Is the iBloom Off the iRose at Apple?

By
Teflon Tim.
Teflon Tim. Photo: KIMIHIRO HOSHINO/AFP/Getty Images

Corporate earnings are confusing things. Sometimes you'll see headlines like "Apple Profits Rise 24% on iPhone 5 Sales," and you might be like, Wow, Apple is amazing! And then you'll click another story and see "Apple Misses Wall Street 4Q expectations" and be very confused, because that doesn't sound good at all. It's all very Rorschach-y.

Today, Apple managed to both wow and disappoint investors. The company reported third-quarter revenue that slightly beat expectations, and profits that topped last year's numbers, but its earnings per share came in below expectations, and the company cut its earnings guidance for next quarter.

Derek Thompson has a chart-based breakdown of how, and where, Apple made its money last quarter. (The short version: It's all iPad and iPhones, and Asian sales are growing quickly, but not as quickly as you might expect.) And despite the bellyaching among gadget reviewers about the lack of new features on the iPhone 5, consumers don't seem to care — Apple sold 26.9 million iPhones during the quarter, nearly 4 million more than analysts had predicted.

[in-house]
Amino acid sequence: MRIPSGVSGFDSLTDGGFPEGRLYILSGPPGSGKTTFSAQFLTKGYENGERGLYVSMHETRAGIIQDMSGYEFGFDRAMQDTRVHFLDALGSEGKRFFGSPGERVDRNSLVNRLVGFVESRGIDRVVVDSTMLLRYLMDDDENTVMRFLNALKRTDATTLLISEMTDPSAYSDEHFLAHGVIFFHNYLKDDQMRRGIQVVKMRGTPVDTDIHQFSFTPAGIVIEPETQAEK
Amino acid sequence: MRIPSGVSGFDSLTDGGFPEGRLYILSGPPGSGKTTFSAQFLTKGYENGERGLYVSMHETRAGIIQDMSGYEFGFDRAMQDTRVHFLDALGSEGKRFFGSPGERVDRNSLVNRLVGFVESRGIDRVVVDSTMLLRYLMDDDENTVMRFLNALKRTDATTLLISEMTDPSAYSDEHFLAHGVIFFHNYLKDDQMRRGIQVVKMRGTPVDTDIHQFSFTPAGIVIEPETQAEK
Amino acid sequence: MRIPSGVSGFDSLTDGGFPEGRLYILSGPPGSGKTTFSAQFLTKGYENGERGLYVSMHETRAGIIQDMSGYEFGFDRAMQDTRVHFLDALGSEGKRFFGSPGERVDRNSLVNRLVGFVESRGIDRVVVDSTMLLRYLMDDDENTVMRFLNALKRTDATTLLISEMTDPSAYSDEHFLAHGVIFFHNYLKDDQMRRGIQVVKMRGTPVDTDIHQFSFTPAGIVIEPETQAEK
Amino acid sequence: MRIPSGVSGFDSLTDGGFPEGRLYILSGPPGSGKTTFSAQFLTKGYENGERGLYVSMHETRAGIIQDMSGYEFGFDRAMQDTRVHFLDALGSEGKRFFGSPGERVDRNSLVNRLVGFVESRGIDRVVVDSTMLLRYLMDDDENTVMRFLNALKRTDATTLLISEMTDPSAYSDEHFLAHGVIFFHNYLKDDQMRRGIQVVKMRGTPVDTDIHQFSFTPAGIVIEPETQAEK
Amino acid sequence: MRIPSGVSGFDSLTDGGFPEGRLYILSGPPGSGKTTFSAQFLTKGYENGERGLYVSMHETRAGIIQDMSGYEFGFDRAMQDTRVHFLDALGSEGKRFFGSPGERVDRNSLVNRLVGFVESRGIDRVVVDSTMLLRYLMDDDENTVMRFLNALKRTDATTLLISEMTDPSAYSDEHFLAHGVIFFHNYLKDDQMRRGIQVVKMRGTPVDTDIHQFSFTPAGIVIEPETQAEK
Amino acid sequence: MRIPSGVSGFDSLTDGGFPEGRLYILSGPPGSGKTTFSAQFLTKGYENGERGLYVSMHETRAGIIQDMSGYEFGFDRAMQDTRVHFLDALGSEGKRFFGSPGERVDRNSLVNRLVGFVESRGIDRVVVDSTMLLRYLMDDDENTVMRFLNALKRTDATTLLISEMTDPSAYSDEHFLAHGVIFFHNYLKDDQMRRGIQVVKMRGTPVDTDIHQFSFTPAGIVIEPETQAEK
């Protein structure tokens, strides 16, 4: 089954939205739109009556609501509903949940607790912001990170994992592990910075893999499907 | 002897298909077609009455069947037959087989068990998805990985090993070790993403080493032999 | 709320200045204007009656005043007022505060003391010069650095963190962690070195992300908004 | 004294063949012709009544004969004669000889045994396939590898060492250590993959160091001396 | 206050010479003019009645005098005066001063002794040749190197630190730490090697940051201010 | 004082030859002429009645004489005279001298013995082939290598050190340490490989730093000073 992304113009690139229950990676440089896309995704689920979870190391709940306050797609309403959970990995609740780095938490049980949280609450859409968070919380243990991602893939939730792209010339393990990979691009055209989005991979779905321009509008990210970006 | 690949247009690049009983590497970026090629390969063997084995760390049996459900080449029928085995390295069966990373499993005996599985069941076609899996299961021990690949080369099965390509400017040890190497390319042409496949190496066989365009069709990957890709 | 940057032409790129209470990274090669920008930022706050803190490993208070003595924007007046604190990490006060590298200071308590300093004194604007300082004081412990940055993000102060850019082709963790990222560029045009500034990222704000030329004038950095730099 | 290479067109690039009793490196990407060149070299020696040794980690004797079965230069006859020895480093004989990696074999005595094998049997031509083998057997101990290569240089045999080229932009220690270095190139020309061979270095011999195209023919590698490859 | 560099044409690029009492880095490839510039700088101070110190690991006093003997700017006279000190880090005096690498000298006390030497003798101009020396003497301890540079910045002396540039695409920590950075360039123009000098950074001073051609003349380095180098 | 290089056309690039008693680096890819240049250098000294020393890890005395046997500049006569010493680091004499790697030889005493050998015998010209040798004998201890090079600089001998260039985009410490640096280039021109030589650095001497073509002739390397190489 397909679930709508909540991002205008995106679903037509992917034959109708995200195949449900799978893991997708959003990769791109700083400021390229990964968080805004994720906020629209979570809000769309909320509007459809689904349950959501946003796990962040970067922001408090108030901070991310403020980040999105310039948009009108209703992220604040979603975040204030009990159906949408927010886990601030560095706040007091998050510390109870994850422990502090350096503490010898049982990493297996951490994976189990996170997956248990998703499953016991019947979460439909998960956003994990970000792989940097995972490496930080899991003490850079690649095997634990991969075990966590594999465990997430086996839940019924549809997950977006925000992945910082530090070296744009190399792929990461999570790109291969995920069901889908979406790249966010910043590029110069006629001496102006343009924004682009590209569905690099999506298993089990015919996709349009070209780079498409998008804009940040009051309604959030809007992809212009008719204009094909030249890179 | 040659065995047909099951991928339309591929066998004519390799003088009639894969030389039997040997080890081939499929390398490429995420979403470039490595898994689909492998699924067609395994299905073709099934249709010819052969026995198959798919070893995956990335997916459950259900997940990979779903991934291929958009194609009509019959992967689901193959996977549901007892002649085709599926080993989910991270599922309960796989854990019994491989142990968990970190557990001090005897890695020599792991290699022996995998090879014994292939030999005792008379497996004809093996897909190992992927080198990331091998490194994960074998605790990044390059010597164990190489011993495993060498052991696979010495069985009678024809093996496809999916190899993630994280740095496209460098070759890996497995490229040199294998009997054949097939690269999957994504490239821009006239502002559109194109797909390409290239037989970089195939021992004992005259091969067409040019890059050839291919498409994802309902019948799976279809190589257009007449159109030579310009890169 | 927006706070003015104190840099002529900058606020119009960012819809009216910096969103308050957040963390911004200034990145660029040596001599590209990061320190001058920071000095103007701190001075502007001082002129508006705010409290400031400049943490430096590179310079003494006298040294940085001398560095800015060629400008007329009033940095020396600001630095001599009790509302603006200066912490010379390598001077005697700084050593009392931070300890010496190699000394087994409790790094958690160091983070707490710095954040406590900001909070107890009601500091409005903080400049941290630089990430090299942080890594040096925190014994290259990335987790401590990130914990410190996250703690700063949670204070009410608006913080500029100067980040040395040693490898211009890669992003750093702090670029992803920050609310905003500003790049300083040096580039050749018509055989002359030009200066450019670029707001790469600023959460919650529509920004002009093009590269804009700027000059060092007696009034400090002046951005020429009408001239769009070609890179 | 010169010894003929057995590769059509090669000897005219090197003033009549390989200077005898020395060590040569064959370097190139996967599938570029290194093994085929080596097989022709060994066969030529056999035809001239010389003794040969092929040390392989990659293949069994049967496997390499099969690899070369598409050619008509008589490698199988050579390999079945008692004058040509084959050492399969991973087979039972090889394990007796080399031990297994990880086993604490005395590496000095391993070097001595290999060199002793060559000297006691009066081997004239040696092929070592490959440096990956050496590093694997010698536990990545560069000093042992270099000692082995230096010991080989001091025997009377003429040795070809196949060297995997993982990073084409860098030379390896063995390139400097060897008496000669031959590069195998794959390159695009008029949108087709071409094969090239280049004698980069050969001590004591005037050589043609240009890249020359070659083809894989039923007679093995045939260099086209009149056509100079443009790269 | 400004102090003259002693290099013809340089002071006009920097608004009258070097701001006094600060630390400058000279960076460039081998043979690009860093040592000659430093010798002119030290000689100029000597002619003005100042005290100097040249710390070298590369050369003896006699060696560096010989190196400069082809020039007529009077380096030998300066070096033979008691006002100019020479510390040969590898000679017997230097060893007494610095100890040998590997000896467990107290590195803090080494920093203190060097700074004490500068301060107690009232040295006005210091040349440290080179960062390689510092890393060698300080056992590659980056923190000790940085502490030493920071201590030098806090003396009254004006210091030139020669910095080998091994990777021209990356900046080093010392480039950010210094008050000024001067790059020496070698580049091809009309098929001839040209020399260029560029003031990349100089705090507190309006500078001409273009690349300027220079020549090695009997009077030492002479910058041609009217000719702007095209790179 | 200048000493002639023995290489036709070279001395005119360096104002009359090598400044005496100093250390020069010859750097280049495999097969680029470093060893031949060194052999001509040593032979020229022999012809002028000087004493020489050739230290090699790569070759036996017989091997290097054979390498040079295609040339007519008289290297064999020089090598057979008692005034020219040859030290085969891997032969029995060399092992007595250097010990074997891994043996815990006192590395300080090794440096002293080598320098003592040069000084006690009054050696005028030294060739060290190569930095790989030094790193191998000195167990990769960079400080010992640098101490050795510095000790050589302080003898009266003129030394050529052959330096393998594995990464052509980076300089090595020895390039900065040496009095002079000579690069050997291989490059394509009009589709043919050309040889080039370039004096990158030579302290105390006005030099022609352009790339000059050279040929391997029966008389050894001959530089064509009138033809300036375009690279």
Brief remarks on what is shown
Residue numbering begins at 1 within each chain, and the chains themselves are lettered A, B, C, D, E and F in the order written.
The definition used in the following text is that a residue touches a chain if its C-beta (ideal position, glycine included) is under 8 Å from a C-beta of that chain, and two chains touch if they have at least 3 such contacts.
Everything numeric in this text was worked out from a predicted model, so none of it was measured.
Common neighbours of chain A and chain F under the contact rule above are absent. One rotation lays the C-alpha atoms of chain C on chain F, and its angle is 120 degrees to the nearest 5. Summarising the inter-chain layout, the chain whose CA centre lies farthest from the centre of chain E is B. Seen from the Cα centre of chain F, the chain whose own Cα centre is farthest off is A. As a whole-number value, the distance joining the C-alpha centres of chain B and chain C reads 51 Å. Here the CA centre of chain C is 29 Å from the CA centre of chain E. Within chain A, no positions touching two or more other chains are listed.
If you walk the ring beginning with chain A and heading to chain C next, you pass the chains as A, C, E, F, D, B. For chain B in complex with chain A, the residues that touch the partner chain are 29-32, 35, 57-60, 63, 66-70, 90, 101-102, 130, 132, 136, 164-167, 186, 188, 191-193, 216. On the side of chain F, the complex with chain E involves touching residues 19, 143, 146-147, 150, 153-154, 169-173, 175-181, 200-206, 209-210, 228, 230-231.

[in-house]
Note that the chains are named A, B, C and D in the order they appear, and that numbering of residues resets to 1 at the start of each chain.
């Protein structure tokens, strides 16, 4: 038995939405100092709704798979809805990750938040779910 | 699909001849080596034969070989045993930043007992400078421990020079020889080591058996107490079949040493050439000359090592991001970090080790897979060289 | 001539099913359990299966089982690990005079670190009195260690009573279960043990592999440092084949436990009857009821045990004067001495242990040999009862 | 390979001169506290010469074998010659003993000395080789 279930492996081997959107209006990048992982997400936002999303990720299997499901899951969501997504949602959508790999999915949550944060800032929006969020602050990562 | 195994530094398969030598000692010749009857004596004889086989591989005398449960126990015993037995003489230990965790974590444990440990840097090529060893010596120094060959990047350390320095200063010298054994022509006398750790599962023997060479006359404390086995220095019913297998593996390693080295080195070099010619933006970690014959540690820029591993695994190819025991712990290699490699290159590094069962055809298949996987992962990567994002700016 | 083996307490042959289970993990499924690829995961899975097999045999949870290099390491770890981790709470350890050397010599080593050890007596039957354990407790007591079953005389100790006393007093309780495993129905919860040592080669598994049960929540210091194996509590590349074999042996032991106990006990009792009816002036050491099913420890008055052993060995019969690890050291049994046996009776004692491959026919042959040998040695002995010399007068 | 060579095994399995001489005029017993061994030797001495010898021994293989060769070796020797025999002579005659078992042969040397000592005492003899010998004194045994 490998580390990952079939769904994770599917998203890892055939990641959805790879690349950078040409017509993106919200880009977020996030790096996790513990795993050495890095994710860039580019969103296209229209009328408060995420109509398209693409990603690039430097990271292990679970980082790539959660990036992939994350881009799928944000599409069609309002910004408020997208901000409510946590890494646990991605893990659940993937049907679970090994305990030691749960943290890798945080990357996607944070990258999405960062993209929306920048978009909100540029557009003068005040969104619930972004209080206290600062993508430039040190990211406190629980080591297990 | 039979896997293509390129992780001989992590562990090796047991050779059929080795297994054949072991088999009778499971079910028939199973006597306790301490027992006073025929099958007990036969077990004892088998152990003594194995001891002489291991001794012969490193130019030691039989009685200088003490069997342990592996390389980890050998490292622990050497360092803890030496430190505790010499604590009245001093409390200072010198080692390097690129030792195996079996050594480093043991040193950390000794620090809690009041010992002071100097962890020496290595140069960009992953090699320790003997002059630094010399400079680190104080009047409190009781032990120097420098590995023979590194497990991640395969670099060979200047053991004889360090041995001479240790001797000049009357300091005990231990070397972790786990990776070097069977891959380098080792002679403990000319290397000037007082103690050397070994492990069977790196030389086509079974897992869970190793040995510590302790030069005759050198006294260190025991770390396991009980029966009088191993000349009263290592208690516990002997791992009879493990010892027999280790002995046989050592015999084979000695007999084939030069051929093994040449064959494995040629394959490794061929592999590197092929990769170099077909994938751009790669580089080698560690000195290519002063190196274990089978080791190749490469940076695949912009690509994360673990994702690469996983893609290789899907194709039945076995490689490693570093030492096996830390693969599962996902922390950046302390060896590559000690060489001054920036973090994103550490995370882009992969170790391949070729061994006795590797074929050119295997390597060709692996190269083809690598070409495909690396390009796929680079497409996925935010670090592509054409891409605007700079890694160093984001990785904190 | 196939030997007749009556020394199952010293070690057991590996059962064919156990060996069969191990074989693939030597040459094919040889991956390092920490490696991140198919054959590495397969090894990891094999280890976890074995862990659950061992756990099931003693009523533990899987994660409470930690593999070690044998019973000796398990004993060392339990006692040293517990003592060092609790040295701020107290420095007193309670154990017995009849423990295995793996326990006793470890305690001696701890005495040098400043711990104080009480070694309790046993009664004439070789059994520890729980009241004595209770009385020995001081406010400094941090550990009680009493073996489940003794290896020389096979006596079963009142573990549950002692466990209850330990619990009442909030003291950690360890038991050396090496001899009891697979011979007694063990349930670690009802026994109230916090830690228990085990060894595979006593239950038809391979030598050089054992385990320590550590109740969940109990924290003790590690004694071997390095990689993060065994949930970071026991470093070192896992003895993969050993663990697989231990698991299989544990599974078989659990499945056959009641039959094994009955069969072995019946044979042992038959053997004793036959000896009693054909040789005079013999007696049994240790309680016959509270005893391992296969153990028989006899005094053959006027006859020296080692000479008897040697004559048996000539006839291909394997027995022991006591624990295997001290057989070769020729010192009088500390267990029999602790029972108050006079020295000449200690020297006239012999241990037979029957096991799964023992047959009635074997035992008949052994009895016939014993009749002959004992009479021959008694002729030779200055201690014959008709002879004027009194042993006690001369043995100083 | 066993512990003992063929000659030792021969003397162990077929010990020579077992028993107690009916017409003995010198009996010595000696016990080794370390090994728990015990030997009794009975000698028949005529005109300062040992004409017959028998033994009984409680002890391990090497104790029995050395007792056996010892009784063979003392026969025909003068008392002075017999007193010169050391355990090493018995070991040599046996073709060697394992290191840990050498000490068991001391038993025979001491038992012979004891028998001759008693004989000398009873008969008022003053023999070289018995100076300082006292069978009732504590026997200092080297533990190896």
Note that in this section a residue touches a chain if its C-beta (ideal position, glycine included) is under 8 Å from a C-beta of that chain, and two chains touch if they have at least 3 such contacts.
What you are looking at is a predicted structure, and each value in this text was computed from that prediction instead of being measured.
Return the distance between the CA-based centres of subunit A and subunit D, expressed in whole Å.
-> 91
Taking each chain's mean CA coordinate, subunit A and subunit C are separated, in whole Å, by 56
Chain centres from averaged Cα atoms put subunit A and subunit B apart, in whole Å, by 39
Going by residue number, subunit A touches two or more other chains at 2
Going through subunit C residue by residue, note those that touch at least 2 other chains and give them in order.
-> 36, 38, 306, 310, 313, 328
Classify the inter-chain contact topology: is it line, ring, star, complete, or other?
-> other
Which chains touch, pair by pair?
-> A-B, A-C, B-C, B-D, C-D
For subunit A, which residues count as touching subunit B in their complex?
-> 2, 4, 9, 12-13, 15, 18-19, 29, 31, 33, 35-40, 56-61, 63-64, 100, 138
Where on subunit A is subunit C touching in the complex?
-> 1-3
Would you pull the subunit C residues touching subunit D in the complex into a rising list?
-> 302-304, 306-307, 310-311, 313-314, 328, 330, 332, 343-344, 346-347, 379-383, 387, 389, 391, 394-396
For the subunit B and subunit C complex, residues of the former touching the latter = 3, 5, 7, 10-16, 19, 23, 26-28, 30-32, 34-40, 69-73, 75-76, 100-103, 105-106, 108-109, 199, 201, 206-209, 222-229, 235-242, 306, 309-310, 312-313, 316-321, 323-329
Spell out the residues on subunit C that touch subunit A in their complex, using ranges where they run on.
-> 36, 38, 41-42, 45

Investors don't care about the lowered guidance, either. After an initial dip when the earnings were released, Apple shares ended the day down only 1 percent and are basically flat in after-hours trading.

Next quarter could be different though. Holiday sales are crucial, and if Apple's recently revamped iPads, iMacs, and MacBook Pros strike consumers as too pricey or too derivative of earlier models to justify an upgrade, even the lowered guidance numbers might be hard to meet.

CEO Tim Cook used the earnings call to talk up the best parts of the quarterly report and throw some mud at Microsoft, which announced Windows 8 and its Surface tablets today.

"I haven’t played with the Surface yet, but what we can tell is that it’s a fairly compromised, confusing product. You could design a car that flies and floats, but I don’t think it would do any of those things particularly well," Cook said, according to TechCrunch.

Proof that while its earnings-per-share numbers might not be meeting expectations, Apple's diss-per-quarter figures are still right on target.